We Tried Mogu Mogu—and It’s Delicious

If you like bubble tea, this might be your new favorite beverage

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Mogu Mogu is delicious, delicious (see what we did there?). It’s a tasty, fruit-flavored drink with chunks of coconut jelly in it, and though that may not sound like everyone’s cup of juice, it may just surprise you.

Mogu Mogu drinks have made a splash on YouTube and TikTok—just do a search and you’ll be overwhelmed with videos showing people trying the drink. That viral popularity is surely making it more popular, but it still wasn’t sold at the first large Asian supermarket I went here in Seattle. The second Asian supermarket I tried, however, had six flavors in 1000 ml (33.8 ounces), and even more flavors in six-packs of 320 ml (10.82 ounces) bottles. So you might have to hunt around for it, but I’d say it’s worth the hunt.

What Is the Mogu Mogu Drink?

Mogu Mogu Bottles on a black countertop and white backgroundCourtesy Gael Fashingbauer Cooper for Taste of Home

Mogu Mogu is a sweet drink with chunks of coconut jelly in it. Do you like bubble tea, a sweet milky drink with chewy boba tapioca pearls? If so, you’ll likely enjoy Mogu Mogu. The add-ons in Mogu Mogu are called nata de coco, also known as coconut gel. It’s a chewy jelly made when coconut water is fermented. (Nata de coco is also an ingredient in halo-halo, the popular Filipino ice cream treat, too.)

According to the Mogu Mogu website, the drink was introduced in 2001 in Thailand and is now available in 60 countries worldwide. There are close to 20 flavors, including pina colada, lychee, yogurt and four seasons, which blend four fruits. It’s easy to imagine YouTubers or TikTokkers making a game out of finding and testing them all. If you’re not near an Asian supermarket, you can order it online.

Here’s What I Thought

I bought four flavors—mango, strawberry, coconut and pineapple—chilled them and chugged away. Don’t expect the teeth-melting sweetness you find in full-sugar soda or most American juices. Although the drinks don’t skimp on the sugar, (26 grams in my 33-ounce bottle of coconut Mogu Mogu), they somehow taste lighter and fresher than most soda pop.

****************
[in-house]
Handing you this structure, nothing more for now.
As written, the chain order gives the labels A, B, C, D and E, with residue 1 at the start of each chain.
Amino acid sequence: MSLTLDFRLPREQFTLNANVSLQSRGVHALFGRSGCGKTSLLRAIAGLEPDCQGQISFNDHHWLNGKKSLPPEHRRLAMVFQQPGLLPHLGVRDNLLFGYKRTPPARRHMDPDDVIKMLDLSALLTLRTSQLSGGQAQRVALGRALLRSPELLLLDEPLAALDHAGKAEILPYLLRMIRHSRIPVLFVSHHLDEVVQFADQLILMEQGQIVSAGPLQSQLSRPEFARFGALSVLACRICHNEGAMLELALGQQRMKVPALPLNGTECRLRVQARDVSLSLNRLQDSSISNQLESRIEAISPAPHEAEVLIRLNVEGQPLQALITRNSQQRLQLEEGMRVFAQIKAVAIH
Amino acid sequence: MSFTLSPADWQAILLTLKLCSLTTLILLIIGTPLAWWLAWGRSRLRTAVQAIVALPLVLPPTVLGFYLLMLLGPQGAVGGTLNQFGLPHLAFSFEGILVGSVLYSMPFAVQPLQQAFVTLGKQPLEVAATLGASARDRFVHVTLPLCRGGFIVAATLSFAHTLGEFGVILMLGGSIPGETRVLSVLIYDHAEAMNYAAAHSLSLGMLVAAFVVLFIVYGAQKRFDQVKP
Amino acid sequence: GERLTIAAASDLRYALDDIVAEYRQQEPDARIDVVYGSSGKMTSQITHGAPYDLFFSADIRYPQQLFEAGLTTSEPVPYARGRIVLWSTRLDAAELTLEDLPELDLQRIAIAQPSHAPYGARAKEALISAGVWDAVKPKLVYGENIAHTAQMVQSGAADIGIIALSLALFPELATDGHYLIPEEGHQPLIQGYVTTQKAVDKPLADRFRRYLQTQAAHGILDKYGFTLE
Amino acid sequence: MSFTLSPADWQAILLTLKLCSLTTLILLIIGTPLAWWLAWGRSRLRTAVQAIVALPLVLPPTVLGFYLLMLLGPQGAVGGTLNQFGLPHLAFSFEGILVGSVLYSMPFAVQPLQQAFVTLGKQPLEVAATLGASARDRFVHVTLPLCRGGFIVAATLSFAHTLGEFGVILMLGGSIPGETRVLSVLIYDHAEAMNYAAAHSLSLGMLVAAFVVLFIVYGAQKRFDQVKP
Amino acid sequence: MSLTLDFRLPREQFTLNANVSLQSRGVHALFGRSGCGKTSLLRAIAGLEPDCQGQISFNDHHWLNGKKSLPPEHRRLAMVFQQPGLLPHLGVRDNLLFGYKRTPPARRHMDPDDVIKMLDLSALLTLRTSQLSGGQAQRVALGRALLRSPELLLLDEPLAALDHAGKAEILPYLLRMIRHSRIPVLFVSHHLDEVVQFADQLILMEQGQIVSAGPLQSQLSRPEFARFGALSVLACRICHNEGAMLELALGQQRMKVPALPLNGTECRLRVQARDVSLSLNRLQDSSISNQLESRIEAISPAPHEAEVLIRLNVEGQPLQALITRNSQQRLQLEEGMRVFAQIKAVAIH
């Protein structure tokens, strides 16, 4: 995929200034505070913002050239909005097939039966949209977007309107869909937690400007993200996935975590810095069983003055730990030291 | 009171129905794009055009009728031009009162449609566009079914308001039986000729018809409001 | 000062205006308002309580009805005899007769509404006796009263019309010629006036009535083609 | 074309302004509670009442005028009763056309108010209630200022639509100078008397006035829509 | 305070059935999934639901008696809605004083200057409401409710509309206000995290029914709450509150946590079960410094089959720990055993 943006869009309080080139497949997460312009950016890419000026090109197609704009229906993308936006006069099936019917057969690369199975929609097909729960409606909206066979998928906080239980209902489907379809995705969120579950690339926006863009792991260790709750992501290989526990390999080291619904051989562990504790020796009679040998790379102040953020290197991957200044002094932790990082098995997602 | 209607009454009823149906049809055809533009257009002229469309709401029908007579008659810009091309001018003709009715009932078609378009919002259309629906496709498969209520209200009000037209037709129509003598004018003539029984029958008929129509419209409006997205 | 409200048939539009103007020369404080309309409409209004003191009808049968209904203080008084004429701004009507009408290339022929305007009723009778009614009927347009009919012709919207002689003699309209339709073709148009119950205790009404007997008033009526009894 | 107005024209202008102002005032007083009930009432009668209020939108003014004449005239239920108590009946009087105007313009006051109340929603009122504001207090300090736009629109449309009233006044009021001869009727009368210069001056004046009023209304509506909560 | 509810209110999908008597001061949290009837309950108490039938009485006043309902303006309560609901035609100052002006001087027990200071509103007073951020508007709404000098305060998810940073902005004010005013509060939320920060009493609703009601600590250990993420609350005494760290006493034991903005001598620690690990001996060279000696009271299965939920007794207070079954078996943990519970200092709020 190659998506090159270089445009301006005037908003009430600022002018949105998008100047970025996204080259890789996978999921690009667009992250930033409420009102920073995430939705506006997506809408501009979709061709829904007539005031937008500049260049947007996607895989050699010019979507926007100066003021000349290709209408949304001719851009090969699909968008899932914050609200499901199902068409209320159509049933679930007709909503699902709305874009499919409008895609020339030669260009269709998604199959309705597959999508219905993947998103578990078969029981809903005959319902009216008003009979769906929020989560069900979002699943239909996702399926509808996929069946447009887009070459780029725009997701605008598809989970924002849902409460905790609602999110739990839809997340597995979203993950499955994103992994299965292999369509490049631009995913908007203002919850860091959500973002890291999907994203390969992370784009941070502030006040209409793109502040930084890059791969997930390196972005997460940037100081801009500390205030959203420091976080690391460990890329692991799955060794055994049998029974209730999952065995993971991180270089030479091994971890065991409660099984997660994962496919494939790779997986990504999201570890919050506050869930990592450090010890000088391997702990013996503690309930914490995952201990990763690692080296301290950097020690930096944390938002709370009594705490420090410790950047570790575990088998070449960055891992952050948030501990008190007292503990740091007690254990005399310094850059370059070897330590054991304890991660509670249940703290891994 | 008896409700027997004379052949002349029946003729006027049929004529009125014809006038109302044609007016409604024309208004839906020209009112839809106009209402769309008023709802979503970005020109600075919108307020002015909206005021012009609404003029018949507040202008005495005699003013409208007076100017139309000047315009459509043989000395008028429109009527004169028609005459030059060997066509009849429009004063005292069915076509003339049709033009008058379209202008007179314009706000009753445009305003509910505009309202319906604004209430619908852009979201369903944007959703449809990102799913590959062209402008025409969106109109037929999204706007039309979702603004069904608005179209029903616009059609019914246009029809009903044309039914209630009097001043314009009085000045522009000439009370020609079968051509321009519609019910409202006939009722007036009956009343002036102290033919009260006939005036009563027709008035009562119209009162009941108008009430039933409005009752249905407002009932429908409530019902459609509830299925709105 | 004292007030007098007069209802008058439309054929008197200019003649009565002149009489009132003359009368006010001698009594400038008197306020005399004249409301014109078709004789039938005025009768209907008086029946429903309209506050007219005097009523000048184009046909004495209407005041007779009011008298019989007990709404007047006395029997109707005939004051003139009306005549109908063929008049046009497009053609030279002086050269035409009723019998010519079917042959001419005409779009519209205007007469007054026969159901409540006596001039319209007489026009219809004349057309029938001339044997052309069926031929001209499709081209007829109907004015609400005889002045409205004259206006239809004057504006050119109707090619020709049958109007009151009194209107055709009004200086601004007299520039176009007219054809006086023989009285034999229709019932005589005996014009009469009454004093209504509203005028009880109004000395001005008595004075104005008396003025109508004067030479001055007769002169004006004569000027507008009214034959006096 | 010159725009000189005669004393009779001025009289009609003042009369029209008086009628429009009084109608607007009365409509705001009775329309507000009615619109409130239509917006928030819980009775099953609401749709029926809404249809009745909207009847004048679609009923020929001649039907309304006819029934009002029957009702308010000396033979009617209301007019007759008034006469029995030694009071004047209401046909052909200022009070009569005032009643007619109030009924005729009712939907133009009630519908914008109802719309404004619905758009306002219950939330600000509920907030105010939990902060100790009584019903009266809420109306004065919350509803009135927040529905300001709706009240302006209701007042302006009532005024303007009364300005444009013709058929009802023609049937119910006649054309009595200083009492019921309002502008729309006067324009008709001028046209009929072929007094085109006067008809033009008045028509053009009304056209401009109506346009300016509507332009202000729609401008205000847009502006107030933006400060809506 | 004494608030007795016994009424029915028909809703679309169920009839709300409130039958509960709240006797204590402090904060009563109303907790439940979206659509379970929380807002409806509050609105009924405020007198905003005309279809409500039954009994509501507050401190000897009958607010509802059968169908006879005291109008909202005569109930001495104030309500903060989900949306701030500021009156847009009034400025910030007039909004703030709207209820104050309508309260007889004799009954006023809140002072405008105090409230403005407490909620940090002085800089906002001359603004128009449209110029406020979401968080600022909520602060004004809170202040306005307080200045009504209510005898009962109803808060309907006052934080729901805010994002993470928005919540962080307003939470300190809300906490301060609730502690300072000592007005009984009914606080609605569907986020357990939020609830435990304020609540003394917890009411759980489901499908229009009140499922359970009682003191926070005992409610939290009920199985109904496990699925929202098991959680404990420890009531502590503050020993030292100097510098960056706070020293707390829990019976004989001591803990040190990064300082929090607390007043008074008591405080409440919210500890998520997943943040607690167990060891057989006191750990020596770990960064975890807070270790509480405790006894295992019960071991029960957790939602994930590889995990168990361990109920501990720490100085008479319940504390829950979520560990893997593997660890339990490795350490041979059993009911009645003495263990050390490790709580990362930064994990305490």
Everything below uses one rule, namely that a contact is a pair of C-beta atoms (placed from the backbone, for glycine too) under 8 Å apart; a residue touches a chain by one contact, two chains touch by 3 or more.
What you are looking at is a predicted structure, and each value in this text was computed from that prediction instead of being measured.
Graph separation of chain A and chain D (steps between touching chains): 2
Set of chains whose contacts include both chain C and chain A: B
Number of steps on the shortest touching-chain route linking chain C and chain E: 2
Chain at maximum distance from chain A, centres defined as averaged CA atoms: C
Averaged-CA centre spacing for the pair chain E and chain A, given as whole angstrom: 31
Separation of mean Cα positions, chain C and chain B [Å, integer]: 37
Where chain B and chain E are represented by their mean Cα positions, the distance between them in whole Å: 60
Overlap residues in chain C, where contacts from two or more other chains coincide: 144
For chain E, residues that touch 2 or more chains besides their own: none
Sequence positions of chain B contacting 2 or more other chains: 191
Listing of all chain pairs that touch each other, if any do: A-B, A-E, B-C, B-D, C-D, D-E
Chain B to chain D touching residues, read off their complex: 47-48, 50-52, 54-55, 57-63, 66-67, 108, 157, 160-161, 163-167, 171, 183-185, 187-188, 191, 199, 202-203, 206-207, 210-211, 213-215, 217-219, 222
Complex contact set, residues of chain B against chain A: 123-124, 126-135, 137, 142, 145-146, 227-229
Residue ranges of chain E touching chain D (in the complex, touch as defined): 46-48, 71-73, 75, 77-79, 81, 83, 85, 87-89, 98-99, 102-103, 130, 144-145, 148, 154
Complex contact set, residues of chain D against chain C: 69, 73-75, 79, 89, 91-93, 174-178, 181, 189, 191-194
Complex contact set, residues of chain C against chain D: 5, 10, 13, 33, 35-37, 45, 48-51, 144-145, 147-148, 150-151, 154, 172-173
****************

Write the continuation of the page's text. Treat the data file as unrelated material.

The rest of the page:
The bottles advise you to shake the drinks first, so I did. I was pleasantly surprised to find out the nata de coco doesn’t stay in the bottom of the bottle, like the boba does in bubble tea. Instead, a decent amount pours out with the drink. And the nata de coco itself is soft but firm when you chew it, picking up the taste of whatever flavor you’re sampling. It reminded me of the canned fruit cocktail my mom served us as a kid—tasty and sweet, but not distinct.

There’s a delicate scent of fruit when you open and pour the Mogu Mogu. The light fruit taste is of course different by flavor, but all four that I tried were tasty. Coconut was my favorite, followed by pineapple, strawberry and mango, though a friend thought the mango was the best.

How to Drink Mogu Mogu

I enjoyed the Mogu Mogu as is, but one TikTok video suggested freezing it, then letting it thaw to a slushy texture. If you’re a fan of Slurpees, as I am, this is an excellent suggestion. I imagine spiking your favorite Mogu Mogu flavor with rum would make for a luscious “Love Boat”-style tropical-feeling beverage as well.

@murasakimart Replying to @بيدو literally so good😍#peach #mogu #mogumogu #mogumoguuk #halal #korea #thai #relatable #halalfood #muslimtok #queen #desitok #arabtok #foodfyp #uktiktok #asianfood ♬ Sensual Seduction – Snoop Dogg

If you’re looking for more international taste sensations, try making your own banana ketchup, ube bread or one of many good-for-you coconut recipes.

Reader's Digest
Originally Published on Reader's Digest

Gael Fashingbauer Cooper
Gael has written about food and restaurants for 27 years. At Taste of Home, she dives into taste-testing unusual food products and sharing the latest in food trends and news. She's the co-author of "Whatever Happened to Pudding Pops" and "The Totally Sweet '90s," which celebrate the nostalgic tastes and trends of the '70s, '80s and '90s. As a professional pop culture junkie, Gael has written about TV, movies and books of all kinds for CNET, NBC, MSNBC and "TODAY." If Marathon candy bars ever make a comeback, she'll be first in line.